It takes a 3 year residency to train a primary care doctor.  If those 10,000 doctors a year were able to do an internal medicine, pediatrics, or family medicine residency, our shortage would be non-existent in less than a decade.

Medicare needs to fund more residency spots.  Period. The way to solve a physician shortage is to make more physicians. It’s that simple, really.

The way to solve a physician shortage is not to place the responsiblity for it on the backs of those already bearing its brunt.

 

doctors are human too, humor, primary care

I’m a real doctor, I don’t play one on TV

I was watching TV this past weekend when a commercial for another latest-and-greatest drug came on. Have you ever noticed that on TV a doctor’s office always looks something like this?

Neat and beautiful, with framed diplomas on the wall.  The TV doc is always in a crisp white coat, which matches his (and it usually is a man) distinguished white hair.  He peers out earnestly from behind his desk, comforting his nervous patient who sits before him (sometimes with adoring, anxious spouse).

But in real life…well, not so much.  Of course, no one is ever going to mistake me for a distinguished genteelly graying gentleman.  As a matter of fact, I once had a patient walk out of my office because I “look too young.”  Here’s my desk:

Shoved against a wall, no room for patients to sit in awe before me…I’m clearly doing something wrong.

No diplomas on my wall! Instead, we’re featuring portraits.

Looks just like me, right?

No sedate, distinguished globe and pen holder for me!  Instead we have this:

The true essentials- lots of lip balm, hand cream, dental floss, and silly putty.  I know what’s important to have at hand.

Wanna know where my diploma is?

It’s crammed into a corner in the home office, on the floor next to the dog crate.  That’s actually a step up for it- up until a few weeks ago it was in a closet in the basement.  Maybe one of these days I’ll actually get around to hanging it up.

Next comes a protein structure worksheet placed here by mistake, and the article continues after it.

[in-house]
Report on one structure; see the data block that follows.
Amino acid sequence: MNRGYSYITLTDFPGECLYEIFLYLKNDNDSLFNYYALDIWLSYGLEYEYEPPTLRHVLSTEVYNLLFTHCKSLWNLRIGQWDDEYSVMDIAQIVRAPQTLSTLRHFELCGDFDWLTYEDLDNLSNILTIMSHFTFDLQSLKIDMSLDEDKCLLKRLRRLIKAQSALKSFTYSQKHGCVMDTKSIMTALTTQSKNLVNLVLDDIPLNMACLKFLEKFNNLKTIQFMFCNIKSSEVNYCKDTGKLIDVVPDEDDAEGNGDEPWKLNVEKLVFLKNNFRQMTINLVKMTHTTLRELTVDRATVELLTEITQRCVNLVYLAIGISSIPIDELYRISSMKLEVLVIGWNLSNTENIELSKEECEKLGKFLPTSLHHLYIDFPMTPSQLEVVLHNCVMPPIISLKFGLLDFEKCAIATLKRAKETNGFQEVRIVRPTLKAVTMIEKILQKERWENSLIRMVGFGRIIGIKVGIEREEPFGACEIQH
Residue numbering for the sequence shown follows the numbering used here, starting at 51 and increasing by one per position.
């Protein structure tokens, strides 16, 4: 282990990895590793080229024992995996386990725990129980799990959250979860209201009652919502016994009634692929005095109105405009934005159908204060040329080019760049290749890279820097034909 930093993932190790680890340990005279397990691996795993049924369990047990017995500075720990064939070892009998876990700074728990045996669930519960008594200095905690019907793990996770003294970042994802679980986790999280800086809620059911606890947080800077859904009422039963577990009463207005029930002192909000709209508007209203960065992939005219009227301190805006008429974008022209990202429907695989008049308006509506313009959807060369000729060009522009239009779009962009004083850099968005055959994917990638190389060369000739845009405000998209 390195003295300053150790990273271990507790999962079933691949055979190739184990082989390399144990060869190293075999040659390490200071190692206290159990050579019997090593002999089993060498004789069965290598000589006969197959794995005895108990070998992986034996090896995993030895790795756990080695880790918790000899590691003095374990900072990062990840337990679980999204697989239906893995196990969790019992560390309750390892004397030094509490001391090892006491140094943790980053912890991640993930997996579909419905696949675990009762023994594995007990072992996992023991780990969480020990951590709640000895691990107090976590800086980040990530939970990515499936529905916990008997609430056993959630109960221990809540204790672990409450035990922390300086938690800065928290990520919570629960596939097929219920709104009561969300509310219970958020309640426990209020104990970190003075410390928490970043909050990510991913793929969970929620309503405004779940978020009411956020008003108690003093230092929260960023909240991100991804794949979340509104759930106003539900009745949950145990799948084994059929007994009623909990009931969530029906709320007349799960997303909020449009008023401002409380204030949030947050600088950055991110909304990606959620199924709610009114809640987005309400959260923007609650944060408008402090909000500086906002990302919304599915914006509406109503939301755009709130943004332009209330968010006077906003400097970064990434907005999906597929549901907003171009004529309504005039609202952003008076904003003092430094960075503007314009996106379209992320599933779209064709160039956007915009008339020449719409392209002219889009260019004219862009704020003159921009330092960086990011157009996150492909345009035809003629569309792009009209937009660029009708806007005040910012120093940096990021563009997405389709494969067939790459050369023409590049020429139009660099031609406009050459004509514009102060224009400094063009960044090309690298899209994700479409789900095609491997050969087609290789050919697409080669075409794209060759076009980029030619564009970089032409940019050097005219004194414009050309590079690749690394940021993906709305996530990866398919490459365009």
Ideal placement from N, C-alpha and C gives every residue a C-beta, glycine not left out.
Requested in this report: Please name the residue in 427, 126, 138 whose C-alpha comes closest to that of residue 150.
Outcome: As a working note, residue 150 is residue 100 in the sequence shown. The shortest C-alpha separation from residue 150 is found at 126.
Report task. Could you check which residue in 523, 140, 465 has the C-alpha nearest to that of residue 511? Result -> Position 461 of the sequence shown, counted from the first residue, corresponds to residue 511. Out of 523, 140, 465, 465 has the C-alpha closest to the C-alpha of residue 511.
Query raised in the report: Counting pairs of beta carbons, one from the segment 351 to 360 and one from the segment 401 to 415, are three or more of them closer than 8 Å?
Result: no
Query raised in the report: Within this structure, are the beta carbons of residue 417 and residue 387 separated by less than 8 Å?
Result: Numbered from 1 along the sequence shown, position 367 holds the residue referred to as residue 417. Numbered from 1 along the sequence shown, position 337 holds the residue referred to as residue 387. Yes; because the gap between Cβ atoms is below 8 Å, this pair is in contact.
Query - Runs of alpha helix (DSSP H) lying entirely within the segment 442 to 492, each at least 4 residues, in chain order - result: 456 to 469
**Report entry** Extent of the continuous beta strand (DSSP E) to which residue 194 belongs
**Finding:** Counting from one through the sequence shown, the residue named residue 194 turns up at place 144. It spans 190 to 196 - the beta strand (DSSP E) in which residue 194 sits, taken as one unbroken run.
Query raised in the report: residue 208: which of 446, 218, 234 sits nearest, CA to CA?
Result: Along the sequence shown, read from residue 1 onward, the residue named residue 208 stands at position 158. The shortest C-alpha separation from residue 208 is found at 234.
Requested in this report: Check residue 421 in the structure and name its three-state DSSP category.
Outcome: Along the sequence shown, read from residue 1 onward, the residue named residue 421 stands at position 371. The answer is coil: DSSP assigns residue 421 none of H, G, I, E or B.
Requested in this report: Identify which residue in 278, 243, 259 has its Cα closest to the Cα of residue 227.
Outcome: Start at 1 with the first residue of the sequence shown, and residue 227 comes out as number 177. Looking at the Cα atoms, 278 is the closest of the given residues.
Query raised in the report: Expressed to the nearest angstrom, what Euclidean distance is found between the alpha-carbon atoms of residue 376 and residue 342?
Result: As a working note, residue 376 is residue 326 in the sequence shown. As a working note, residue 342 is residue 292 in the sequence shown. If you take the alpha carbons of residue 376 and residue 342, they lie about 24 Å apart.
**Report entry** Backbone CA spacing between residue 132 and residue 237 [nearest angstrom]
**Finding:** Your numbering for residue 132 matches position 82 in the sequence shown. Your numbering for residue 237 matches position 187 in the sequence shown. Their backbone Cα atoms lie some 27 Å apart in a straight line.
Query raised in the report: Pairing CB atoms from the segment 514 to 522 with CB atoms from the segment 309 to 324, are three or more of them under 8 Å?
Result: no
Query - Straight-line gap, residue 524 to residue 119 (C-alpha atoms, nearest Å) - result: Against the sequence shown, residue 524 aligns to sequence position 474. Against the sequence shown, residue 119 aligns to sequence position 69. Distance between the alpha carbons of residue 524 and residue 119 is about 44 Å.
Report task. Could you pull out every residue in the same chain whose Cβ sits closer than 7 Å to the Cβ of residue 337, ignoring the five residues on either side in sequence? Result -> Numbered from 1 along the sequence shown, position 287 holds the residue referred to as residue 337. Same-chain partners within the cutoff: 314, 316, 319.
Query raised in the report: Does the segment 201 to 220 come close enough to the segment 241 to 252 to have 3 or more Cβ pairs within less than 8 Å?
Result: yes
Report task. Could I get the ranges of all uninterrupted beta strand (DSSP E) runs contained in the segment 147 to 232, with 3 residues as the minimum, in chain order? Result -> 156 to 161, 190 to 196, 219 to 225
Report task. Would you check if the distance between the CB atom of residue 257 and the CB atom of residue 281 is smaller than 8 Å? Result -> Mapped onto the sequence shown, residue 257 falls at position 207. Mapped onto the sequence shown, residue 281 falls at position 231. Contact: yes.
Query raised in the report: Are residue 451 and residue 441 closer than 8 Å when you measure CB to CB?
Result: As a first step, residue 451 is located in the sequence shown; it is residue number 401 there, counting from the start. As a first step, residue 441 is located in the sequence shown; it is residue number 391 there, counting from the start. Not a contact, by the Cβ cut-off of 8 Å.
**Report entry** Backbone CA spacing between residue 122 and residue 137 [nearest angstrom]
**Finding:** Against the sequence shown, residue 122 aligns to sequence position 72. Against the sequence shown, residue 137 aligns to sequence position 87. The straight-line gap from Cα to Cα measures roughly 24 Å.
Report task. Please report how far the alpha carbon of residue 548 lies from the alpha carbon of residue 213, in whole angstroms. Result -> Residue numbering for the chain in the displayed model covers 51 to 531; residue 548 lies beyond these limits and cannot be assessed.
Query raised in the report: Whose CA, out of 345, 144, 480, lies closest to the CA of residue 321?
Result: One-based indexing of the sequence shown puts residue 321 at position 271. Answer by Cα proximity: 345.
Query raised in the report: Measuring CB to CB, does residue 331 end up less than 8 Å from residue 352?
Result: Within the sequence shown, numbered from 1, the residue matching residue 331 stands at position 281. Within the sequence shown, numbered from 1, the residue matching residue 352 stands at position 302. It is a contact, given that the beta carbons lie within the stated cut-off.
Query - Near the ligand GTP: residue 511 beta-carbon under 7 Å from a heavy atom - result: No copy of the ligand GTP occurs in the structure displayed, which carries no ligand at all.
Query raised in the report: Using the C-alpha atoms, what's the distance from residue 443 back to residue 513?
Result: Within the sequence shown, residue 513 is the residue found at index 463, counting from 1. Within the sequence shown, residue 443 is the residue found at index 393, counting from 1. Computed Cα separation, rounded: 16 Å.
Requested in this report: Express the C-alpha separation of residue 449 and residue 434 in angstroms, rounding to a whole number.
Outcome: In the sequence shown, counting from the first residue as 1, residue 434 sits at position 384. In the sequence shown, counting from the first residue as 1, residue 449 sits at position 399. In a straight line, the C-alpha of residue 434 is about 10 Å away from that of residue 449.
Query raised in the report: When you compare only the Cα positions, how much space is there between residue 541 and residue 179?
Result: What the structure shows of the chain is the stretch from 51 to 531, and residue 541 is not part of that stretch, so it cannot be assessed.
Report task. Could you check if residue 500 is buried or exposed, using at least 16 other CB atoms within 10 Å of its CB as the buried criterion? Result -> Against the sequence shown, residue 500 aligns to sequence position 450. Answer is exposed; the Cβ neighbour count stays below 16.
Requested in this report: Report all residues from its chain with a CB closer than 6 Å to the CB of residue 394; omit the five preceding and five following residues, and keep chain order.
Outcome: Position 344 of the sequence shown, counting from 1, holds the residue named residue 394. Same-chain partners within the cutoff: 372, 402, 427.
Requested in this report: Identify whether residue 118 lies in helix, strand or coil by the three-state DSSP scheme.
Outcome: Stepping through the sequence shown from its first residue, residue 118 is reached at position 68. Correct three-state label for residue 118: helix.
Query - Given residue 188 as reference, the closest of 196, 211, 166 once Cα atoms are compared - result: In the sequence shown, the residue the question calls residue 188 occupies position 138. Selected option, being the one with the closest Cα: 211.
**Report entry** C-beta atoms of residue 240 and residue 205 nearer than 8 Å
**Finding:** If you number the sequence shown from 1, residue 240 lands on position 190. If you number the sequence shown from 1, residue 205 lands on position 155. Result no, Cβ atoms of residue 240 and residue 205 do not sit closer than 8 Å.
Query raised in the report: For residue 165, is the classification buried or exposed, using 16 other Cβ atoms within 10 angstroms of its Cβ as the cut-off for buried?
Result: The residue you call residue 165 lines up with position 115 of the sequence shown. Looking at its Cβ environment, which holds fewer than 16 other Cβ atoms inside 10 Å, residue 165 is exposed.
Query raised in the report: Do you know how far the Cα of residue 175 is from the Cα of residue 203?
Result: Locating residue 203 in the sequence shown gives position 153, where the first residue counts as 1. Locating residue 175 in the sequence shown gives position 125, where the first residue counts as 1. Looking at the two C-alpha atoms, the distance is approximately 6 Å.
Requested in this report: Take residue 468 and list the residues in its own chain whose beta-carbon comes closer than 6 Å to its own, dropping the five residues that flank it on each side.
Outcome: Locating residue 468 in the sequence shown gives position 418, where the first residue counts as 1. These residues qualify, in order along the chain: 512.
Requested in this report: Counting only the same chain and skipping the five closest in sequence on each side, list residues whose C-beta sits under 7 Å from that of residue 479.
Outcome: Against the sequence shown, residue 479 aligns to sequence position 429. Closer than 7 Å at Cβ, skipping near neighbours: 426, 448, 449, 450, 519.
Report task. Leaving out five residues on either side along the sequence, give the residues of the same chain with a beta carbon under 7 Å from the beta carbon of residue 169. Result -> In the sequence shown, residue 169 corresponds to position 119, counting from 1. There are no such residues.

But maybe not.  I’m in no rush.  Because it’s not about appearances and outward trappings.  The fancy desk doesn’t mean a thing.  I have to earn the respect and trust of my patients, because they deserve nothing less.
doctors are human too, primary care

It’s All Right to Cry

I’m a crier.  I always have been.

I well up during television commercials.  Many a book has been returned to the library somewhat waterlogged by my teardrops.

I cry when I’m sad, when I’m happy, and when I’m angry.  I cry when I laugh.

And I cry in front of patients.

I used to be embarrassed by this.  I’d hide my tears with a tissue and a muttered excuse of “allergies.”  Or I’d turn my back to wash my hands at the sink, furtively giving my eyes a swipe.

But sometime in the past few years, I stopped being ashamed of my tears.  My patients come to me and share both their happiest and their most terrible moments.  I’ve been honored to tell many patients that they’re pregnant.  Why shouldn’t I cry with happiness at the beginning of a new life?

I’ve also had to tell too many patients that they are dying.  I’ve sat with them and their families during their final hours.  And if they’ve allowed me into such a sacred time in their life, why should I hide my tears from them?

I care about my patients, deeply.  Some say that it’s wrong for doctors to show emotion, and that caring so much can lead to burnout.  I say that’s a load of bunk.

For me, the day I stop caring enough to cry with a patient is the day I hang up my white coat and find another profession.